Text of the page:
A Malaysian opposition lawmaker has suggested that allowing girls under the age of 16 to marry could resolve the issue of premarital sex amongst 'lustful' teenagers. Nik Mazian Nik Mohamad said that making it illegal for younger people to marry would not stop teenagers from having sex freely.
"Nowadays, kids under the age of 16 are already having sex and already have open sexual relationships. If we prevent them from getting married, these urges are still there, so they will be exposed to have sex freely and outside of marriage," he told Parliament.
Lawmakers were debating the legal age to marry in Malaysia - 18 years for Malaysians under civil law but 16 for Muslim girls. In addition to a lower age of marriage, Muslim teenagers under 16 may marry if they obtain permission from the Shariah courts.
Earlier Ampang MP Zuraida Kamaruddin claimed that child marriages were being used as a solution to statutory rape and that girls were forced to marry their rapists. Another MP Teo Nie Ching agreed, saying that the practice exacerbated the trauma of the rape victims.
She noted how in Kota Kinabalu in Sabah, a 14-year-old girl married her rapist who was over 40 years old. The rapist was convicted in court and sent to jail.
"But what happens to the child. She married the main who raped her. That's why we need amendments to protect the rights of the child," Teo said.
Nik Mazlan however questioned whether there was coercion involved in the case involving the 14-year-old. He said that if the intercourse had been consensual, then it supported his claims that teens had sexual urges which he described as a "big problem".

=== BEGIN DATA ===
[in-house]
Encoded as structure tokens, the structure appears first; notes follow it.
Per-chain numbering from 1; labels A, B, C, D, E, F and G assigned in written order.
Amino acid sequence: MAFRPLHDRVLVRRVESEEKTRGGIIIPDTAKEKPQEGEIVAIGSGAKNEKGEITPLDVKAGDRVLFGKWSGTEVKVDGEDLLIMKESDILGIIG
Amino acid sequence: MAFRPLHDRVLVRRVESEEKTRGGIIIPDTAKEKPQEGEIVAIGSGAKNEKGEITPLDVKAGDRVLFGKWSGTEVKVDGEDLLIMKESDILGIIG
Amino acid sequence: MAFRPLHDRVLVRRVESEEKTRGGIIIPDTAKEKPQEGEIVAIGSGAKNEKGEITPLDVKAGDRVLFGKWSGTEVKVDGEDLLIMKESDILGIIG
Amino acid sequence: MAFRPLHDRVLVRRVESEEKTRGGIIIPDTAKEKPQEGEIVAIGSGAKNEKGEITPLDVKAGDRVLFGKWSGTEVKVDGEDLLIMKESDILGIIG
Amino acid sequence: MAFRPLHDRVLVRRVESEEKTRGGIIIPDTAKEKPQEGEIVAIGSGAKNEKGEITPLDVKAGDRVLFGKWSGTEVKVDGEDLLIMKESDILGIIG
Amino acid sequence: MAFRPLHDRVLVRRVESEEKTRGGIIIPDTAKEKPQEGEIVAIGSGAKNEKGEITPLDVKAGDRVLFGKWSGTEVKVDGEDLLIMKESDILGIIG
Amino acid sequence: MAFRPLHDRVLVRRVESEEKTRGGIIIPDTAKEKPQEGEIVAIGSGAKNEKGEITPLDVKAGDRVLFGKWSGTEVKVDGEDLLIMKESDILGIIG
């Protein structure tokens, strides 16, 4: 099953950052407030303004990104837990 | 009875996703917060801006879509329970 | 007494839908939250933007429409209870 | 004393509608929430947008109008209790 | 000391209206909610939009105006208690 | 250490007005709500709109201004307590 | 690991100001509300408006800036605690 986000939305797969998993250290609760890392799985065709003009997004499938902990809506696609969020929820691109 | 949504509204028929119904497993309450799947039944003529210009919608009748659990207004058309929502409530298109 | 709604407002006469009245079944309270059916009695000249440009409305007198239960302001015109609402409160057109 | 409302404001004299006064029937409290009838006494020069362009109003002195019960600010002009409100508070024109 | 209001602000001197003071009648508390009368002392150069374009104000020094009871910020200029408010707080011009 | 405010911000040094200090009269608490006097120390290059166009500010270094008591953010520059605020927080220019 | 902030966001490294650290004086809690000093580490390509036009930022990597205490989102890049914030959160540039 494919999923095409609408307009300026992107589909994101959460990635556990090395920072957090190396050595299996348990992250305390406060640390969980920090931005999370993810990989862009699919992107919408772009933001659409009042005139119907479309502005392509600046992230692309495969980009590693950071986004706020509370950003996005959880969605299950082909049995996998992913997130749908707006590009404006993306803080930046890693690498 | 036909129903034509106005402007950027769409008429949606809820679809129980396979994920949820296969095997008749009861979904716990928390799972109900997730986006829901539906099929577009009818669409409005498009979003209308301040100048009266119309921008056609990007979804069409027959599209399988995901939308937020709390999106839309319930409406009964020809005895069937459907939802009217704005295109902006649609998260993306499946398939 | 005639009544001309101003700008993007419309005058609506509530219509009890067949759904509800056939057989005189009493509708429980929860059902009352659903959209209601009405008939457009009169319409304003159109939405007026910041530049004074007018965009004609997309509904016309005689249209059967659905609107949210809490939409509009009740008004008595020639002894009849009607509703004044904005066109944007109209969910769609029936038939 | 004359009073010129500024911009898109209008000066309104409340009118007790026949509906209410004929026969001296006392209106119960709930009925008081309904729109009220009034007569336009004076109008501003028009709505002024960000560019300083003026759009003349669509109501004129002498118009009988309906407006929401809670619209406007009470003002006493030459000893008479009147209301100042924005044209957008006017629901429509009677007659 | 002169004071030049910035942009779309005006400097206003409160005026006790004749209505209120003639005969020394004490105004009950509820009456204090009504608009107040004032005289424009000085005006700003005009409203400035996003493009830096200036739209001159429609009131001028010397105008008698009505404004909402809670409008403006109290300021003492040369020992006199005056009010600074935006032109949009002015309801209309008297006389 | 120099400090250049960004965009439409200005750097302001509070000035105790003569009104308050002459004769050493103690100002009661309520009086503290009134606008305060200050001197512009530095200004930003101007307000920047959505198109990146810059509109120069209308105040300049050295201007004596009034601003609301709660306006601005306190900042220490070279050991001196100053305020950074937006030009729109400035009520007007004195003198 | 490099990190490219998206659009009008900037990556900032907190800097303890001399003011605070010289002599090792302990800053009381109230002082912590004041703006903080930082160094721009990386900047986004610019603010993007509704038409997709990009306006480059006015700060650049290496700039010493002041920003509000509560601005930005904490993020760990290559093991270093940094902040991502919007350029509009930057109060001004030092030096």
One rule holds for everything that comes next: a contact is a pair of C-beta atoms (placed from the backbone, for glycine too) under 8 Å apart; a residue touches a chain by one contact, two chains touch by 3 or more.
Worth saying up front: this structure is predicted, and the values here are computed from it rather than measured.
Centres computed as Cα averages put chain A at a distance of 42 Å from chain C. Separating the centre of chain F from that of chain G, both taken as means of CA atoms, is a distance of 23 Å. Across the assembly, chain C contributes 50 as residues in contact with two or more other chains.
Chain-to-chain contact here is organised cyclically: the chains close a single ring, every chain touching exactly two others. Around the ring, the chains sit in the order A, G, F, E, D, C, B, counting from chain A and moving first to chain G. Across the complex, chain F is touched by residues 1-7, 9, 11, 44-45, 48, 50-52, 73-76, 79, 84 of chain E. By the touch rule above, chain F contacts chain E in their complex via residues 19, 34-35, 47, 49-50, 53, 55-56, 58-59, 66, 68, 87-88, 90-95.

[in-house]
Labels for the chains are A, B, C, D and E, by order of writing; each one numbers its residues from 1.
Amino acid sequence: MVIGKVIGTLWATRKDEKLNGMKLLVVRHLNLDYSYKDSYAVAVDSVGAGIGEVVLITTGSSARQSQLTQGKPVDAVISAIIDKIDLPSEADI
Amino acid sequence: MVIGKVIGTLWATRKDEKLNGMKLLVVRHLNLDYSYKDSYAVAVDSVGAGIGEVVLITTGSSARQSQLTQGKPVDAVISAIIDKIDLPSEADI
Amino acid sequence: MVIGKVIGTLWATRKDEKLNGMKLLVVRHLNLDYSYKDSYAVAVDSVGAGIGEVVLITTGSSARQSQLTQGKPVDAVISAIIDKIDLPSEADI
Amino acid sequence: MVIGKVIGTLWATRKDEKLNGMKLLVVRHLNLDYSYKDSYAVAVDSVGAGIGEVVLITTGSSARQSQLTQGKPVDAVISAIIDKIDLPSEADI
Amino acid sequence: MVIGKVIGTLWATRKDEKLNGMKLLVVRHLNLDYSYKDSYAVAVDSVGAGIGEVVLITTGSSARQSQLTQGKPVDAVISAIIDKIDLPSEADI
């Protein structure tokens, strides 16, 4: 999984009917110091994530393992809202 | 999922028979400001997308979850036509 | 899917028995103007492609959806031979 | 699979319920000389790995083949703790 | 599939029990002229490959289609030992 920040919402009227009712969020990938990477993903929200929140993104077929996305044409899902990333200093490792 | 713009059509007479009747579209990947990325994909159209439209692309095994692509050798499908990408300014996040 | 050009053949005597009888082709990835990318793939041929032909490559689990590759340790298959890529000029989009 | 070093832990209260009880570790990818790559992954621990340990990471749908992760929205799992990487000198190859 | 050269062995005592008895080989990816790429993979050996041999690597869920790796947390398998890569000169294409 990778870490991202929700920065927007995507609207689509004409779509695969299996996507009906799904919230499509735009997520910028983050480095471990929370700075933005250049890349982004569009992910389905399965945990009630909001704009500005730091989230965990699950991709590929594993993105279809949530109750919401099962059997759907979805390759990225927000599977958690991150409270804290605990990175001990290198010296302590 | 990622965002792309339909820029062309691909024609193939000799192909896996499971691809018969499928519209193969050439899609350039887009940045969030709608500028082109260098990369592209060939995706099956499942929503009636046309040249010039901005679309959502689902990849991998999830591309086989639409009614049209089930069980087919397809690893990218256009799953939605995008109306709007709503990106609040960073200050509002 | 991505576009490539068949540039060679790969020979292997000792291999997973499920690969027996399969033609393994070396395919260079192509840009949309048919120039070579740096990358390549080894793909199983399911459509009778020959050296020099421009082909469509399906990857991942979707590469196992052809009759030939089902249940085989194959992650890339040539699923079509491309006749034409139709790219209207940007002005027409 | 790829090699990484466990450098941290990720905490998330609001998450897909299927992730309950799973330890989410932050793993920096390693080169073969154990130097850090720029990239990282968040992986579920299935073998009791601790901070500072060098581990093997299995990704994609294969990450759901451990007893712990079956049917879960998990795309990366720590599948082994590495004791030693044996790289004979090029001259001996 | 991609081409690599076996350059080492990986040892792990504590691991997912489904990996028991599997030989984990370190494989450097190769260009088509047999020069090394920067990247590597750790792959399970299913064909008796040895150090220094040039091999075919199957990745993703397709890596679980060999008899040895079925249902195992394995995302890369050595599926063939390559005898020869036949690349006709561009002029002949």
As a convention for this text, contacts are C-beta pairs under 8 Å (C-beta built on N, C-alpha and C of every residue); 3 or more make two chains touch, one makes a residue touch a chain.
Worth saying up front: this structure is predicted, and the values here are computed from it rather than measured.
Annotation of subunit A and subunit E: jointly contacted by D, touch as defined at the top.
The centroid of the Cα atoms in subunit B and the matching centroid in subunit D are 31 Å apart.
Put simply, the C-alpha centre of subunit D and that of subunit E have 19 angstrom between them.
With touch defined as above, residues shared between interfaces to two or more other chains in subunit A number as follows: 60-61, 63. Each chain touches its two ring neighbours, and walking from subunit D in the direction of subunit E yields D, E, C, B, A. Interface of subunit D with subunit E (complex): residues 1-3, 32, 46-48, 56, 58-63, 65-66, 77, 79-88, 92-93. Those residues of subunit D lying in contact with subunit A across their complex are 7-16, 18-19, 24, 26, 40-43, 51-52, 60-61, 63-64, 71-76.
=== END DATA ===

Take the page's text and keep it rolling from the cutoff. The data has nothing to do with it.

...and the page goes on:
In a written reply in Parliament, the Women, Family and Community Development Minister Rohani Abdul Karim said that the Shariah courts received more than 1,000 applications from Muslims for permission to marry minors last year. She did not say how many of the applications were given the green light.
The amended Child Act was passed in Parliament on 6 April but it failed to solve the rising problems of child marriages, FreeMalaysiaToday reported. It said the law instead focused on abolishing whipping and enforcing community service for child offenders and improving child protection through the National Council for Children and Child Welfare Teams.
The new amendments will see stricter penalties for child abuse and neglect cases, with the jail term doubled to a maximum of 20 years and fines increased as well. Details of all those convicted of any offence, in which a child is a victim, will be kept in the Register of Children.